Posts from the ‘bedtime stories’ Category

LIVE AND LEARN

Once Upon a Bedtime

Written by Sarah Mazor

Illustrated by Sergii Zavadskyi

Another adorable rhyming book from Sarah Mazor. This delightful collection of rhymes features clever characters like a microphone riding a bike, cottage cheese skiing, a banana riding a horse, and a house dressed in a red blouse. Young children will laugh at the nonsensical but funny anecdotes. Not only will they learn common objects, but they will learn what’s wrong with this picture.

The illustrations are beautifully done in vivid colors and apt expressions. Bonuses include a generous collection of riddles for readers to solve once they finish the story. Mazor provides four possible answers for each as well as extension activities for the riddles to provide additional learning.

This is the first book in what promises to be a wonderful series. This book is geared toward toddlers and preschoolers, but older readers will also love it.

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WISHES + WORK = SUCCESS

Goodnight Wishes!

Written by Leea Baltes

Illustrated by Elia Glinski

A family of mice lived in a rickety old farmhouse that suited their needs perfectly. One day people came and began tearing their home down. Mama mouse placed her children and some food in a basket and ran down to the lake. She wished upon the stars and moon to help her find a way to solve her plight. Suddenly, she heard a screeching sound. A truck swerved to avoid hitting an animal, and a large box fell off the truck. The moonlight illuminated a hollow tree that would make a perfect home. Upon exploring the contents of the box, Mama finds all the materials she needs to furnish their new home. She urges her children to make a wish upon the heavens because when you make a wish and are willing to work hard good things will follow.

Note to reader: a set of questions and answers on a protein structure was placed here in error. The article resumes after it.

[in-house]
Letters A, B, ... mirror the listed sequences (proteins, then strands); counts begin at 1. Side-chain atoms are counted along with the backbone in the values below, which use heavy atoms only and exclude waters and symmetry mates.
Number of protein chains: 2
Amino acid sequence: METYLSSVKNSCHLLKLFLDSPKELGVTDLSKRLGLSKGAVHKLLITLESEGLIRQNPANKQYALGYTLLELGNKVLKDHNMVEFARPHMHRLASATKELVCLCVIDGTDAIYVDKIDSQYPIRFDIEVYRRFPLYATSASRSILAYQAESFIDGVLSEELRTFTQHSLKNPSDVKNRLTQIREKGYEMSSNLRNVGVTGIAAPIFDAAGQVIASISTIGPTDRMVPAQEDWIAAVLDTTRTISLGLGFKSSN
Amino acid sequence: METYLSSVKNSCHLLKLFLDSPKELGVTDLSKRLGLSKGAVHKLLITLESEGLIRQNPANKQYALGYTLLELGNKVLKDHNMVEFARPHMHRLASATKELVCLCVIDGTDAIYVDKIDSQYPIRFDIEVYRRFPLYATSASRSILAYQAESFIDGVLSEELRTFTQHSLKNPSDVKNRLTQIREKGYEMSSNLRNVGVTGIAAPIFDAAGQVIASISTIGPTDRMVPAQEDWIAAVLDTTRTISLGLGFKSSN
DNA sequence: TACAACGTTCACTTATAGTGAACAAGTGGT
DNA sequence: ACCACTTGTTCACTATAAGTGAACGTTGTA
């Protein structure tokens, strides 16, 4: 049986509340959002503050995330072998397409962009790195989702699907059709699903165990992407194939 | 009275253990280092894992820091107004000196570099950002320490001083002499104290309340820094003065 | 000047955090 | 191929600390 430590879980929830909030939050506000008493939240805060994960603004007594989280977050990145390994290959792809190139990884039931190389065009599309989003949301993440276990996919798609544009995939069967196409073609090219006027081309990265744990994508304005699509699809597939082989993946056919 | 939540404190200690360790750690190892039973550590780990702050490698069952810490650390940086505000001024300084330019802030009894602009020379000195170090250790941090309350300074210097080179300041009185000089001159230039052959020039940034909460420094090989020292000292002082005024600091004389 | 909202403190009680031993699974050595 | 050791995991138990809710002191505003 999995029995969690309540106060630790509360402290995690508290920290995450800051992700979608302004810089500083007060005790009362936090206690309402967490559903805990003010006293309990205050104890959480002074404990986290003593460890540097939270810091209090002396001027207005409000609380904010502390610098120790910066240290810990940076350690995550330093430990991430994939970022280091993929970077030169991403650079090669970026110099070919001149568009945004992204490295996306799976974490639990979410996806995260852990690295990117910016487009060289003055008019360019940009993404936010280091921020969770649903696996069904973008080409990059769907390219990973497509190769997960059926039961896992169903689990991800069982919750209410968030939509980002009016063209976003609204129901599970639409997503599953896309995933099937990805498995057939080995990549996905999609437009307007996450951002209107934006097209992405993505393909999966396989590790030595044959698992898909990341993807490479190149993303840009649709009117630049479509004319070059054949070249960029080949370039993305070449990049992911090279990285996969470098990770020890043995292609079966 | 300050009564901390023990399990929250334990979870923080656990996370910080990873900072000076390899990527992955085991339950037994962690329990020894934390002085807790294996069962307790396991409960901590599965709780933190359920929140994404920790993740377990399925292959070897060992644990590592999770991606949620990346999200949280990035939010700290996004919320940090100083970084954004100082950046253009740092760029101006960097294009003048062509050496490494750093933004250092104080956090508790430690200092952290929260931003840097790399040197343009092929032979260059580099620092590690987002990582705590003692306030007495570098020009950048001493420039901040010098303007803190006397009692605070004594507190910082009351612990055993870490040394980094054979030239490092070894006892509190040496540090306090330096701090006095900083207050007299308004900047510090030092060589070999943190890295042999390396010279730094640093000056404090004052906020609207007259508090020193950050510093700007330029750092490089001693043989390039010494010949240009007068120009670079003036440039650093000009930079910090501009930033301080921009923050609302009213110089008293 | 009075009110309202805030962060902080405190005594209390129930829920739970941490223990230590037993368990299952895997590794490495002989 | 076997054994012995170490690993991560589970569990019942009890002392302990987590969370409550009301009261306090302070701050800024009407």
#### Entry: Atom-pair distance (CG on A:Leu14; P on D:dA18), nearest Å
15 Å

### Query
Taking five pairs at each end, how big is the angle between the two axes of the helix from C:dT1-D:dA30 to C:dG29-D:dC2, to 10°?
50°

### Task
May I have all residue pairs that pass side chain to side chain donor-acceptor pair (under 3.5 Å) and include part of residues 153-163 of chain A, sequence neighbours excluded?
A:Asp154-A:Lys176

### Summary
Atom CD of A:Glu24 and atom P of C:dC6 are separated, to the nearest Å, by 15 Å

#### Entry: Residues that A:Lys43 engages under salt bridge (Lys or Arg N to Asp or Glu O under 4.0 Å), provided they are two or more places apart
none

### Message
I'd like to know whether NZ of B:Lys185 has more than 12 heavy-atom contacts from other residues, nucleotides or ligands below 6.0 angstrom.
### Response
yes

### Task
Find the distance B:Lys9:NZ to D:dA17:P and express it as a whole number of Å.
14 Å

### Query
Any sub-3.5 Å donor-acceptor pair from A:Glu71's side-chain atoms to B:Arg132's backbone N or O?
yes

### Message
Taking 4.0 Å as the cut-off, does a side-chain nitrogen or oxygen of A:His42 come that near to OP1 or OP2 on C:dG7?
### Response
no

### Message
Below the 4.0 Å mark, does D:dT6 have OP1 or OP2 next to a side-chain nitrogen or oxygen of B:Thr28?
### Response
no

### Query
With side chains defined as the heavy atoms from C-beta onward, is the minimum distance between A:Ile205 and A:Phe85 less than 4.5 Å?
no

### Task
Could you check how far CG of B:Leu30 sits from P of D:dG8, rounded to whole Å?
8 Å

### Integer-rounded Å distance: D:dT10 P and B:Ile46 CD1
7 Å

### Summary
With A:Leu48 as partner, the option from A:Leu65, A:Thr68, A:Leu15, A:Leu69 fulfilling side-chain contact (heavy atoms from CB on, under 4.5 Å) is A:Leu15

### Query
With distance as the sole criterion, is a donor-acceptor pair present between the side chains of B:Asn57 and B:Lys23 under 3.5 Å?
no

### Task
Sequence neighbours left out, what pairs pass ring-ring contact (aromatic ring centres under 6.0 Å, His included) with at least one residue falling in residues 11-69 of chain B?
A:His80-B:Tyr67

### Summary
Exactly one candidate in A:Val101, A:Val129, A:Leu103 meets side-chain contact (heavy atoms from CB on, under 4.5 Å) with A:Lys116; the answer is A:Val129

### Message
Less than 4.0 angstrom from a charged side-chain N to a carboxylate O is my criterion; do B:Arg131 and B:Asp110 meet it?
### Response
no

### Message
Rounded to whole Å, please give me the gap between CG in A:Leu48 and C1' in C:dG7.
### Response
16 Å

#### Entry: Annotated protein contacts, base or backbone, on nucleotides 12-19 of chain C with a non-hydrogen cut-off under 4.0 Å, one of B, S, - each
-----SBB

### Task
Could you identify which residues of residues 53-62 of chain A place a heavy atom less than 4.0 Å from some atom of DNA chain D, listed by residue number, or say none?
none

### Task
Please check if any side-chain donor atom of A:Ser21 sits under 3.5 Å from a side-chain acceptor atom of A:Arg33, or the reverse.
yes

This tale teaches children that wishing alone is not enough, one must work hard to achieve success. Christian parents might explain the moral in a Christian contest. The illustrations are done in beautiful watercolors. The rhyming text is crisp and sharp. Recommended for primary grade children.

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A NECESSARY INGREDIENT

Nobody Loves Mustard

Written and Illustrated by Jeremy Ross

Poor mustard is depressed. As he observes people choosing condiments for their food, no one seems interested in using mustard. Victor and Gilly put ketchup on all their favorites like French fries. Mustard asks all the animals he encounters if they would like to put some mustard on their food, but none of them is interested. He becomes so depressed that he wanders off alone into the forest.

But one day, Mr. Fiddle decides to cook hot dogs. He cannot imagine eating one without embellishing it with mustard, so Mr. Fiddle enlists the aid of his to find mustard. At last, mustard realizes that he is needed. The author wants children to understand we are all loved even if we feel underappreciated at times.

This picture book with adorable illustrations and humor is appropriate for preschoolers and early elementary school age readers.

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THE WHOLE TRUTH

The Kurious Kid Presents Lying

Written by Brian A. Cliette

 

This book can be used as a bedtime story or beginning nonfiction chapter book to help preschoolers and elementary children understand the concept of lying and why telling the truth is important.